A colourful "invasion" of Hong Kong that used to brighten the day of passers-by has been suppressed - by government workers taking orders to keep public areas free from street art.
The mosaic of tiles featured characters of the iconic arcade game Pac-Man and graced a wall along King's Road near Fortress Hill until it was removed recently.
The image was the work of French street artist Invader, who, in his words, "invaded" the city last month, creating more than 35 public works across the city. The Highways Department admitted removing it.
Net users criticised the government for paying lip service to its promise of supporting the arts. "The government is spending billions to build the West Kowloon [Cultural District] but cannot support street art," a user wrote.
Invader creates mosaics featuring his signature motif - aliens from the 1970s arcade shooting game Space Invaders.
During his first trip, in 2001, the artist visited "King of Kowloon" Tsang Tsou-choi, who through calligraphy gave free rein to his passion for writing on the city's streets.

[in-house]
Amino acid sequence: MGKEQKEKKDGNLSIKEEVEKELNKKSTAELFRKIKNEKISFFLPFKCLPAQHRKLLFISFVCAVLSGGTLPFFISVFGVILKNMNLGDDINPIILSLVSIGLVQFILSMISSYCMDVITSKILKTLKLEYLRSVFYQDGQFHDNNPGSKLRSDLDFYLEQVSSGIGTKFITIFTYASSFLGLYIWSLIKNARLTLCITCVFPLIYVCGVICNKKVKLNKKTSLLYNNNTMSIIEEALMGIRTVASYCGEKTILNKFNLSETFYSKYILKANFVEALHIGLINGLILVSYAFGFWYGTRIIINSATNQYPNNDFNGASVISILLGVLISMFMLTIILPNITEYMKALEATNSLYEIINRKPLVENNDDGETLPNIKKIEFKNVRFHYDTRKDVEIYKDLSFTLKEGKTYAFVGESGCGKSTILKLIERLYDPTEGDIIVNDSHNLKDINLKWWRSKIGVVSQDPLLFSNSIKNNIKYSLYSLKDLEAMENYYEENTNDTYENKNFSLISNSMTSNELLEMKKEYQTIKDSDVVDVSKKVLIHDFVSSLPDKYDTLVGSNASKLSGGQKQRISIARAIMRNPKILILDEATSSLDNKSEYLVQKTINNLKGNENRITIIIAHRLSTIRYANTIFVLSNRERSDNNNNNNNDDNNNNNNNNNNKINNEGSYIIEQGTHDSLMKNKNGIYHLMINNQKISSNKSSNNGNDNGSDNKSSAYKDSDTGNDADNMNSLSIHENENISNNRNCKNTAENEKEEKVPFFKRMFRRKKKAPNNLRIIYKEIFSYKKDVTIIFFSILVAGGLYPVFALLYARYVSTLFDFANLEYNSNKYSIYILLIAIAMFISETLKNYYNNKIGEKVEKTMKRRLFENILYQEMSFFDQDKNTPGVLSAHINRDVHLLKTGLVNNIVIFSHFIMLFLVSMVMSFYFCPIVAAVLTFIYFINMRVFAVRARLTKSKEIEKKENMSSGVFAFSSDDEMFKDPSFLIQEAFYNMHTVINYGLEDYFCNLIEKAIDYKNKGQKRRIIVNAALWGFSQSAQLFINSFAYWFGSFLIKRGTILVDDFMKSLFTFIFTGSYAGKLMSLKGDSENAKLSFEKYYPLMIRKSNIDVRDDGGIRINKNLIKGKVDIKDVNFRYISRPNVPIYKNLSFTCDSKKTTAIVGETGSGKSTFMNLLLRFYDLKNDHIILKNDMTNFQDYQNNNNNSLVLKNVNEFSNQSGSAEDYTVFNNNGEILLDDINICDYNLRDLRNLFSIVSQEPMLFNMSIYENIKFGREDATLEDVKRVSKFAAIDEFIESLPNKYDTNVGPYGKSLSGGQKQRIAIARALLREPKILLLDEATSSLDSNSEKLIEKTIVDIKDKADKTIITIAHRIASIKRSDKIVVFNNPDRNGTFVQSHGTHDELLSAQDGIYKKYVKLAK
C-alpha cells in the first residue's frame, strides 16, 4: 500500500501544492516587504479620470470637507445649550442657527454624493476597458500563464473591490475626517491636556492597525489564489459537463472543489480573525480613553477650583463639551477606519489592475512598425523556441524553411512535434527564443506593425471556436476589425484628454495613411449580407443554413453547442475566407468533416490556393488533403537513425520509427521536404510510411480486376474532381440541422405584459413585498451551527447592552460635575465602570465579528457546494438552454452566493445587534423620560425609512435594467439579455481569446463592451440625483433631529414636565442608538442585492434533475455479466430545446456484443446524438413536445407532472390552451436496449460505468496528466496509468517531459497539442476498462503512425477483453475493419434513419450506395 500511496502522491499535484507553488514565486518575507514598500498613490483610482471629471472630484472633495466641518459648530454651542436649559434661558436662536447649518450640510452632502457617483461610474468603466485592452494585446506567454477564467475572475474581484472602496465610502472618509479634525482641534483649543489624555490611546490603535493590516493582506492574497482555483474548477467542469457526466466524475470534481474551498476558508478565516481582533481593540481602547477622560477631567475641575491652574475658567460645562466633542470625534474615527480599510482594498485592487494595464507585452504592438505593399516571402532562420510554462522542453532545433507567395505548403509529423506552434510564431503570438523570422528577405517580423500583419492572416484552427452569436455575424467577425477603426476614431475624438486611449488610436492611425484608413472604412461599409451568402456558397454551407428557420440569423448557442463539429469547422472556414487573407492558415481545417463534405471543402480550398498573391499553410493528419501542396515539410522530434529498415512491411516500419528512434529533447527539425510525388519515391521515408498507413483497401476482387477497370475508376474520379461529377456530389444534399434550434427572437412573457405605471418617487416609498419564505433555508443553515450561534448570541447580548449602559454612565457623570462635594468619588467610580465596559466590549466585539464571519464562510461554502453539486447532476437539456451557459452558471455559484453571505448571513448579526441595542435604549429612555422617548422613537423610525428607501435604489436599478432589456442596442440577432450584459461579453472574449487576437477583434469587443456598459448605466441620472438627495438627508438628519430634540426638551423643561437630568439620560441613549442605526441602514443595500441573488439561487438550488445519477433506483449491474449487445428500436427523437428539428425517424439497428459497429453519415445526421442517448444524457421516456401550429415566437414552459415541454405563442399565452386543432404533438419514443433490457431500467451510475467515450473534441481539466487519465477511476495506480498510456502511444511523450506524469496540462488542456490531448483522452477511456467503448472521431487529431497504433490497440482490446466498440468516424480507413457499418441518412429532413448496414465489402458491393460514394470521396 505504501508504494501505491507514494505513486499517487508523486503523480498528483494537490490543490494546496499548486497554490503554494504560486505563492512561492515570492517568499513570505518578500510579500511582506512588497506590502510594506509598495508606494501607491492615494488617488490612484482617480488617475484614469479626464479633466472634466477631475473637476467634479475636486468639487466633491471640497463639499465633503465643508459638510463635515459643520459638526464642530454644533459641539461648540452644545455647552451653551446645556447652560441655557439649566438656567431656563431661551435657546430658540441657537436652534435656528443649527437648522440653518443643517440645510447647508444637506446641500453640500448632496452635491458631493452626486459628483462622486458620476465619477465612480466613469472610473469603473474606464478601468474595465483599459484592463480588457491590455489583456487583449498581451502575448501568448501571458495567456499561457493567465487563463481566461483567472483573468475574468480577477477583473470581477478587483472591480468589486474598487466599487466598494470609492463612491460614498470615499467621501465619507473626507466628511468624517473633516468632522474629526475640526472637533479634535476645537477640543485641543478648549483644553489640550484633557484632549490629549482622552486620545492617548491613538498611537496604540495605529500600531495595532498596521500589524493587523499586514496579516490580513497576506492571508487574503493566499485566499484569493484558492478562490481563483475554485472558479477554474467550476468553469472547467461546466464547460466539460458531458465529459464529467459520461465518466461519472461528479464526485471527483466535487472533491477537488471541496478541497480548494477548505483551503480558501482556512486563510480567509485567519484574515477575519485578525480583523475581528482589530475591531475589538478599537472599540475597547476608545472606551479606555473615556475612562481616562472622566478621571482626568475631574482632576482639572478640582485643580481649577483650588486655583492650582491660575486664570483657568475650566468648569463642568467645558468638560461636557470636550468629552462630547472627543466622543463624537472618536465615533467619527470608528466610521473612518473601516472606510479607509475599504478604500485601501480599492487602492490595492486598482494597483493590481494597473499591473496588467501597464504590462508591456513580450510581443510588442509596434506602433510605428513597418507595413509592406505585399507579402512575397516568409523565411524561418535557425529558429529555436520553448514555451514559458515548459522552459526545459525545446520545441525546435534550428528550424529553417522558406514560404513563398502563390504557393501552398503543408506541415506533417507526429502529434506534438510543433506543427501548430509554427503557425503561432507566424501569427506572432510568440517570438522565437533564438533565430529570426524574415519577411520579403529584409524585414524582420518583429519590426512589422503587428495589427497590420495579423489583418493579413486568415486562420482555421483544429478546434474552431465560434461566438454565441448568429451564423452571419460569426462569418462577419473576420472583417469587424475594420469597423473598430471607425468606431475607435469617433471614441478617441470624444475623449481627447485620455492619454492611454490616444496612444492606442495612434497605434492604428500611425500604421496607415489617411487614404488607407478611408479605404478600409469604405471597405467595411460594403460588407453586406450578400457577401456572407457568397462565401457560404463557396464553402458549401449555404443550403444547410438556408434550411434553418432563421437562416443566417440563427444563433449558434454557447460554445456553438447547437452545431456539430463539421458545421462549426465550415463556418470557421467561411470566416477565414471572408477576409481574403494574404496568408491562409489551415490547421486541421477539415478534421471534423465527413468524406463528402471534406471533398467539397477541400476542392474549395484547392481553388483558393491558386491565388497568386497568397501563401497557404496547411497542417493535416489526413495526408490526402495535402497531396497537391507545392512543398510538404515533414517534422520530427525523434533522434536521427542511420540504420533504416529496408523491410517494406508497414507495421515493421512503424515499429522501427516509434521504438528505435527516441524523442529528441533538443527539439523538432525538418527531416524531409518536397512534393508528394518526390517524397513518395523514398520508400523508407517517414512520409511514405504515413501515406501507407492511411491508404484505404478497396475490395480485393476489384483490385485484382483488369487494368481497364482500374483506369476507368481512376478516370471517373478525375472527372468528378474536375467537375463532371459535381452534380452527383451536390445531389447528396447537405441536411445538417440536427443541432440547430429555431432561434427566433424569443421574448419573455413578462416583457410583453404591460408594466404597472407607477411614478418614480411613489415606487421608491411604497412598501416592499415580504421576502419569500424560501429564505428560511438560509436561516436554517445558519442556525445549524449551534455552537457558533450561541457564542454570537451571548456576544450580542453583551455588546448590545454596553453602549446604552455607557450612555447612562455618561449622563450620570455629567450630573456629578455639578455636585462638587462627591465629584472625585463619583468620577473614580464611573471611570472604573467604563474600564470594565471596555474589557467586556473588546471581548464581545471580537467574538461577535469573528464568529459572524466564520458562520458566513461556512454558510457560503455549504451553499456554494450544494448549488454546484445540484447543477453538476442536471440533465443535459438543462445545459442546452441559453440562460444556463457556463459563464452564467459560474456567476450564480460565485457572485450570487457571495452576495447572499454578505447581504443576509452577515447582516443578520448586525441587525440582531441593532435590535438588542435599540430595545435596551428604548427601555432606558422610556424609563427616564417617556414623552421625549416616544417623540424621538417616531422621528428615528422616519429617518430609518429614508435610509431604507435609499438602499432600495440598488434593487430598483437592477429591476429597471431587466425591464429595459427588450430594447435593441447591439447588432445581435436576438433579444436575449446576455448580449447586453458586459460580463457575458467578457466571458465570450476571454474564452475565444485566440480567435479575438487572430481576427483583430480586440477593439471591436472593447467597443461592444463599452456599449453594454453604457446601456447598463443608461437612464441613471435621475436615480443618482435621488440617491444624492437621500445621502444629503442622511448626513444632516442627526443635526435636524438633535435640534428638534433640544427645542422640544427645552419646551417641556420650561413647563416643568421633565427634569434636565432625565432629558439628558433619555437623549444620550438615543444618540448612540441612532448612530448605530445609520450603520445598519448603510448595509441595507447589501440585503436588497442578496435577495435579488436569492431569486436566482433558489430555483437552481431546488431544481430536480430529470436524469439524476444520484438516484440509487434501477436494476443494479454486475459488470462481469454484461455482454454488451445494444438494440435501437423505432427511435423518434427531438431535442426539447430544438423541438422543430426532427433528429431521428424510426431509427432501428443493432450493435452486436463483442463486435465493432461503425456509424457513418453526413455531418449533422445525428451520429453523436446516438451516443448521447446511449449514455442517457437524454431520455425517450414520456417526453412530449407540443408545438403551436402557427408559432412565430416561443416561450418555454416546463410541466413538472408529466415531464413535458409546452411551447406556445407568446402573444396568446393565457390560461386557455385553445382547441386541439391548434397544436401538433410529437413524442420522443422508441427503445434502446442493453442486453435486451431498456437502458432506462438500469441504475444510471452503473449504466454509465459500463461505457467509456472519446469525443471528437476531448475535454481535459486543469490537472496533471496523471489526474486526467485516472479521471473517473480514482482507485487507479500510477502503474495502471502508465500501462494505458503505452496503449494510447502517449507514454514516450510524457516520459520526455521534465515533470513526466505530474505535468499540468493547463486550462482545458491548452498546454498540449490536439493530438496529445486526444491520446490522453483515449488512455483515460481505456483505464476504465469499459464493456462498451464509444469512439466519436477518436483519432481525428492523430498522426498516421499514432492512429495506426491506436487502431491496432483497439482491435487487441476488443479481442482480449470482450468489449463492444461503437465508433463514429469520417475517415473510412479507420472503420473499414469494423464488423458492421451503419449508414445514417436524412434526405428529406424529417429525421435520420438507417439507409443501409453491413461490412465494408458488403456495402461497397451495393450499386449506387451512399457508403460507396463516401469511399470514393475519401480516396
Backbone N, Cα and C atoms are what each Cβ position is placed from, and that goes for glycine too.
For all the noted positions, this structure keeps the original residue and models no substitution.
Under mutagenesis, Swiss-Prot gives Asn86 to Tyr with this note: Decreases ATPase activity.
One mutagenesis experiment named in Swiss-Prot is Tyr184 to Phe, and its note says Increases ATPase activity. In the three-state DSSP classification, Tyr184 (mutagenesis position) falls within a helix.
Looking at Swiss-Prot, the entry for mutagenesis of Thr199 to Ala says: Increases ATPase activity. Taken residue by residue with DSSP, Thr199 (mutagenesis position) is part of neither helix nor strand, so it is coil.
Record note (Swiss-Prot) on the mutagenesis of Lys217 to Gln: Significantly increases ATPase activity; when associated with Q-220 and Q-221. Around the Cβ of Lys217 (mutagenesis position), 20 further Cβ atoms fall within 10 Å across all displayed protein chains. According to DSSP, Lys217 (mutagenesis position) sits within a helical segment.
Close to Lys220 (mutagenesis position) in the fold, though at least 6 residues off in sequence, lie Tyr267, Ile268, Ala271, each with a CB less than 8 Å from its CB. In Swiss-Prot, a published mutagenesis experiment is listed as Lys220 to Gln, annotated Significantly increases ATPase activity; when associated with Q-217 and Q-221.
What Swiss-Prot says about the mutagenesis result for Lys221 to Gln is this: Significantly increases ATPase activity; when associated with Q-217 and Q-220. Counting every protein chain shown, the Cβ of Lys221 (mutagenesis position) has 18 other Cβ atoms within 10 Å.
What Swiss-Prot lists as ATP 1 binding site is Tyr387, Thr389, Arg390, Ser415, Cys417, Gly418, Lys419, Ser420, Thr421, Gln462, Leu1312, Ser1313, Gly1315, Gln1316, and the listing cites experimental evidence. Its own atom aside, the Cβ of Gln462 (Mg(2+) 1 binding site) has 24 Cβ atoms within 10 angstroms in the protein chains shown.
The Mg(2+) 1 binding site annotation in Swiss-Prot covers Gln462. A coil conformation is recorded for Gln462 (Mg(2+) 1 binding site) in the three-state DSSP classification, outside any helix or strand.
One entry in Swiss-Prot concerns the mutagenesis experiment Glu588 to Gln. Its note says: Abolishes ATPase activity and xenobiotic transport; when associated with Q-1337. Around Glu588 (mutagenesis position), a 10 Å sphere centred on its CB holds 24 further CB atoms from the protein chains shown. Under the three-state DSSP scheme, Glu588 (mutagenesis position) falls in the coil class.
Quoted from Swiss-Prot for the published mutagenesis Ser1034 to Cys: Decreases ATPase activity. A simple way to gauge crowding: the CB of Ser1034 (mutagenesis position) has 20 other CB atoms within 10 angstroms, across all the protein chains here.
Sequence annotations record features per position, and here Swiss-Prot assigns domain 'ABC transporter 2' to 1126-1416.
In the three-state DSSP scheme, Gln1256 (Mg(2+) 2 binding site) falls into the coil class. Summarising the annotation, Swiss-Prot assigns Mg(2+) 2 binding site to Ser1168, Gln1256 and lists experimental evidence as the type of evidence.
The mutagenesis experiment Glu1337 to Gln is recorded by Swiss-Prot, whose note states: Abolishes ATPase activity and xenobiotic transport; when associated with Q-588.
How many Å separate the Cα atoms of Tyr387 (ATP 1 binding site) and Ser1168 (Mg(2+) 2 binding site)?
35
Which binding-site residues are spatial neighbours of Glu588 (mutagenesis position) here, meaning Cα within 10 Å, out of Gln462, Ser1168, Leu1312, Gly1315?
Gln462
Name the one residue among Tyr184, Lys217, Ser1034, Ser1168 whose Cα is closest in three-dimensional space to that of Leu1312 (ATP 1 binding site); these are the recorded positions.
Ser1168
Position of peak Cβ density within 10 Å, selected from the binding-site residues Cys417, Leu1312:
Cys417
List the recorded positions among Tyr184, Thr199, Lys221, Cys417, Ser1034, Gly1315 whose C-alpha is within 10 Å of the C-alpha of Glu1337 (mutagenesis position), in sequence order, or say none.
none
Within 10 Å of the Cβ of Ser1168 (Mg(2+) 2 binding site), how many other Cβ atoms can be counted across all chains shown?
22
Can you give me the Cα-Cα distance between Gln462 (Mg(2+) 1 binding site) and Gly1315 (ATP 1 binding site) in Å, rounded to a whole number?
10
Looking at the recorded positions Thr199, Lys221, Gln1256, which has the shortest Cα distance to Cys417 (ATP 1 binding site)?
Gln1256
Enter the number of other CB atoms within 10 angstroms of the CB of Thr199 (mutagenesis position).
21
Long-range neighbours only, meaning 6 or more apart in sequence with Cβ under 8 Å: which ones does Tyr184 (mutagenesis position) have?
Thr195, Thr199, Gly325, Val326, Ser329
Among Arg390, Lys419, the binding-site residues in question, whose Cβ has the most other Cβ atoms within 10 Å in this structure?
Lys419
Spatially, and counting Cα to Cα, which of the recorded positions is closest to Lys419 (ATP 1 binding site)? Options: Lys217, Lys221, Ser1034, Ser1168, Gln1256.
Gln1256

According to the Frenchman's "invasion" map of Hong Kong, he conquered areas including Central and Mong Kok.
But the authorities hit back just before Valentine's Day.
The department said it received a report of a "decoration made up of materials believed to be ceramic tiles" found on a slope at the junction of King's Road in Tin Hau and Tsing Fung Street.
"The department sent a staff member to inspect the site and ordered the contractor to remove the decoration on February 13," a spokesman said.
He did not give a reason, but insisted it was the department's duty to ensure street safety for the public.
The Home Affairs Bureau, which handles arts and culture, said it had nothing to do with the removal and pledged to continue protecting the remaining calligraphy created by the late Tsang.
Protective covers had been installed on a pillar at Tsim Sha Tsui Star Ferry pier and a lamp post near Ping Shek estate that bore his works, the bureau said.
Iron gates from Kwun Tong that carry his writings are now in the collection of West Kowloon visual culture museum M+.